How much of yourself is hidden in the characters in your books? A lot. I lived a life as a drug criminal for many years. It started as a runaway at the age of 12. It continued for 20 more years. Through writing, I found a spiritual way to deal with it in a positive way.
How much of a story do you have in mind before you start writing? I usually have the story already done before I start. Of course a few new twists and turns can happen but for the most part, I see the story as if it is a movie.
How do you develop and differentiate your characters? I paint with the true colors of life, with real characters, so they are divided by different drug gangs, different races, different sides of the law and different motivations.
Do you have specific techniques you use to develop the plot and stay on track? At times, my writing turns to fiction to transition the story from point A to point B and that Is when it gets hard to stay on track. Sometimes I have to throw away sections and start over.
How (or when) do you decide that you are finished writing a story? In the beginning that was hard because I wanted the perfect ending. My first novel, Roll Call: A True Crime Prison Story of Corruption and Redemption is 700 pages but I got the perfect ending! Kirkus Discoveries from NY Nielson Media reviewed it and called me a “Master Director” and said, “A Harrowing-Down-and-Dirty Depiction of the U.S. War on Drugs” they also related it to my favorite drug war movie “Traffic”.
Now all my books are way shorter. I figured out how to end them a little easier.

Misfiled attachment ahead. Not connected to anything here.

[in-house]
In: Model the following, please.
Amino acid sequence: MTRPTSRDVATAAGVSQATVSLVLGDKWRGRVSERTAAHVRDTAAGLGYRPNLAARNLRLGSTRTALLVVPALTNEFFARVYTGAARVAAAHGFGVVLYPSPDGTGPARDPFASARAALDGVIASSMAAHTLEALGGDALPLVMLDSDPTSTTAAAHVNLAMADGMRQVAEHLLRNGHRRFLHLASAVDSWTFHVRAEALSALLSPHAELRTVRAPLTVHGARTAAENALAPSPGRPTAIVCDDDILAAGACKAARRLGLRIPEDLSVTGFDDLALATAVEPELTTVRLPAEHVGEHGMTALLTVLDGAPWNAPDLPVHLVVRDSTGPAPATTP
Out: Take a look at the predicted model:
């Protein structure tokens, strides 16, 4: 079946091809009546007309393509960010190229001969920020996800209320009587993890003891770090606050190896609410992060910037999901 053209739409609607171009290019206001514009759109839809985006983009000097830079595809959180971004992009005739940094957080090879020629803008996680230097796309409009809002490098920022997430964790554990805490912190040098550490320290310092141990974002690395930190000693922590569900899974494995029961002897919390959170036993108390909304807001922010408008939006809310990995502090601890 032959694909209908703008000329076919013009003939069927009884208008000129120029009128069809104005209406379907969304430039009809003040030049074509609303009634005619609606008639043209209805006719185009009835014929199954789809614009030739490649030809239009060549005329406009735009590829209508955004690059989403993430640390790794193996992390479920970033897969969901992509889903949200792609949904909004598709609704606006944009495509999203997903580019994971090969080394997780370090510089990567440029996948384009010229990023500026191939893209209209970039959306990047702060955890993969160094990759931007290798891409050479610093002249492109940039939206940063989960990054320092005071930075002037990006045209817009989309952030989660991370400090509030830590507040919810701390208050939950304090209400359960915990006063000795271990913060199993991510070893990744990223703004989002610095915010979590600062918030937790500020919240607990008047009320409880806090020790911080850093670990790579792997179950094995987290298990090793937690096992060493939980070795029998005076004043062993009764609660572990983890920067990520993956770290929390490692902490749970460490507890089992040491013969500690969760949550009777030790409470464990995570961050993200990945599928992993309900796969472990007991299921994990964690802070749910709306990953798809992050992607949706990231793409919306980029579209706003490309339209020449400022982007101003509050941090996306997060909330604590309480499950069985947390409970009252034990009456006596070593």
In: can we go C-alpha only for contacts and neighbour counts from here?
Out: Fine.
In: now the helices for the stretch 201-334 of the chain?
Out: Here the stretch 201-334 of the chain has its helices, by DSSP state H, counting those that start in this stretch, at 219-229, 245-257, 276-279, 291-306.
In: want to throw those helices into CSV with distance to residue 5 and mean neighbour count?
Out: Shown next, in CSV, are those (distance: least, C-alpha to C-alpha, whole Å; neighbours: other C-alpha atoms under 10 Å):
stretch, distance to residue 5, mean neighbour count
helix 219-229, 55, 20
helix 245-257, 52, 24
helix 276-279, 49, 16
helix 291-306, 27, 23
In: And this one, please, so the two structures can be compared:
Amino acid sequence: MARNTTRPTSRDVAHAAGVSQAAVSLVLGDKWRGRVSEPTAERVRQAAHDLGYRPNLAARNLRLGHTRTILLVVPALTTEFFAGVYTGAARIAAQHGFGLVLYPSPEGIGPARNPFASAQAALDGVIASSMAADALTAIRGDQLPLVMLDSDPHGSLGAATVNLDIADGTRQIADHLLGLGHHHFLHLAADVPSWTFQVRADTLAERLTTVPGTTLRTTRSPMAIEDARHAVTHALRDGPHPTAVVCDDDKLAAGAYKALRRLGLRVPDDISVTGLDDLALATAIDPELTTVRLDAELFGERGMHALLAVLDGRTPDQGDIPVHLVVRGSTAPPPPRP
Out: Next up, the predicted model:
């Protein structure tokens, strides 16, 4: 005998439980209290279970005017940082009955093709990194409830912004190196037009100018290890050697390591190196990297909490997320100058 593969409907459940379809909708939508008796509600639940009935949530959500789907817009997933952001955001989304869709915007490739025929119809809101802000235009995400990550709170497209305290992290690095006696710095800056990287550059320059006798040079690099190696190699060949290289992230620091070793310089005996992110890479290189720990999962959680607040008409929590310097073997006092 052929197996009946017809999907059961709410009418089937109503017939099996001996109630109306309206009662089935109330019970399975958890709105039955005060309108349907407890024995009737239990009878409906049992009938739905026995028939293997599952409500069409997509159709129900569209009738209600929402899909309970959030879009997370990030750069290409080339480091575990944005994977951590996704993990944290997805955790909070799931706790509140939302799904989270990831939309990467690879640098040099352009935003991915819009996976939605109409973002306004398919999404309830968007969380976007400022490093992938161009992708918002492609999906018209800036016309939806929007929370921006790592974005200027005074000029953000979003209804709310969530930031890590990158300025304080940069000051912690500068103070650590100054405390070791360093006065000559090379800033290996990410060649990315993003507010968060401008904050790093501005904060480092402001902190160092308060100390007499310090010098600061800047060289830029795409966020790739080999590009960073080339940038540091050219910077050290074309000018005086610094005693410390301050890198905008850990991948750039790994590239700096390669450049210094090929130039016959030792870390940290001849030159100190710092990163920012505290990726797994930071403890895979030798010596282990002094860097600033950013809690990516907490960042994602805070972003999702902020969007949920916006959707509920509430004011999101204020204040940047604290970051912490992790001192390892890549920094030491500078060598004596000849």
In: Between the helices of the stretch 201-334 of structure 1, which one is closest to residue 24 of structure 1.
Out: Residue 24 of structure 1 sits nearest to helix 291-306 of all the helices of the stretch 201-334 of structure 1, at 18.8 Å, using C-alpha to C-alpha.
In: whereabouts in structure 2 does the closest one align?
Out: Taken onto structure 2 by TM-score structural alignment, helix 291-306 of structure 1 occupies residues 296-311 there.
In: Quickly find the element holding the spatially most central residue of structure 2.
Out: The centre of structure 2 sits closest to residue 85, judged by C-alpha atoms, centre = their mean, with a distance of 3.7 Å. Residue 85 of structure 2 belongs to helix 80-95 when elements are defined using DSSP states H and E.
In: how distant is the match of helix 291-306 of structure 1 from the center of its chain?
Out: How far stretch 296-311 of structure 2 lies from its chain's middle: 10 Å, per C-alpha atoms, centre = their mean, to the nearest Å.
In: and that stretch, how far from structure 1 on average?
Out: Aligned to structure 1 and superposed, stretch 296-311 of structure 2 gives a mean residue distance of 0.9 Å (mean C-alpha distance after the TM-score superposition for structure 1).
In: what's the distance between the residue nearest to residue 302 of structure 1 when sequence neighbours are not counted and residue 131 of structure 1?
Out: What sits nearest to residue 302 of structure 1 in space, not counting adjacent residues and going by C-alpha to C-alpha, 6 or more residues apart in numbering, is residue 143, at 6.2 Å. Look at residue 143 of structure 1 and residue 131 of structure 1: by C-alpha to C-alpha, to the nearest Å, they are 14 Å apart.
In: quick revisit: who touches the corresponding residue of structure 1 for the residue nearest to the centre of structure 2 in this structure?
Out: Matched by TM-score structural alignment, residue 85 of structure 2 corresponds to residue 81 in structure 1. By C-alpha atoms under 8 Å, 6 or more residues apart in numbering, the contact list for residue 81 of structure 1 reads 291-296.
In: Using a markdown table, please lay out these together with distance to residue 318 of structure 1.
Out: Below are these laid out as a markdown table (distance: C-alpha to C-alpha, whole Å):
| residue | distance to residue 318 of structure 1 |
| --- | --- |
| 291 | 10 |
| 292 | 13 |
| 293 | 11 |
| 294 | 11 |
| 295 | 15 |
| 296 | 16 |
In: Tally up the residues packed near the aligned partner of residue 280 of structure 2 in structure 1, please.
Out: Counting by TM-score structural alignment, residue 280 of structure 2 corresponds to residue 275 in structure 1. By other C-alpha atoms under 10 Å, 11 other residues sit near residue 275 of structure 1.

Is there a message in your writing you want readers to grasp? I have nine drug war and prison books that are meant to do two things. I strive to shine a light on how “tough on crime” political platforms are hurting us as a society because they aren’t “smart on crime” and we need more compassion in relation to the drug laws. My books show human beings being sent to prison who are addicted to drugs and fighting poverty the only way they know how. While in prison, the readers can see for themselves that the addiction is bred into an affliction much harder to escape, where gangs, tattoos and violence are the solution to the pressure. What do you think that does for the community when those petty drug criminals are released without any new skills or way to live, starting over from scratch, without a job, or a place to live?
What are you working on right now? The TV show “Lock Up Abroad” interviewed me for the upcoming season that is going to focus on U.S. Prisons. They want me to write a story without any fiction at all about my time in prison toward the end of my sentence when some crazy stuff happened.
Have you always wanted to be a writer? No, I never imagined it until I was in prison for 10 years and stuck in a cell in solitary confinement.
At what age did you discover your love of writing? I was 32 years old at the time.
What was the first story that you wrote? Roll Call: A True Crime Prison Story of Corruption and Redemption.
When were you first published? How were you discovered? I published in 2009 after sending my manuscript to a bunch of publishers.
What is the most difficult part of the whole writing process? Going over it again and again to make it perfect. The rewriting can be overwhelming and it takes other professional readers and authors to add their thoughts.
What do you like to read? I love suspense thrillers, romance, young adult, crime anything, mystery and Westerns.
What writer influences you the most? There are so many it is hard to name one. Lee Childs is fantastic. James Patterson writes short chapters the way I do. James Clavelle writes culture the way I do.
If your book was made into a TV series or Movie, which actors would you like to see playing your characters? I envision making stars out of real prisoners who are in my books. Why have someone pretend to be a Mexican Mobster or Hell’s Angel when the real thing is available?
Where can people learn more about you and your books?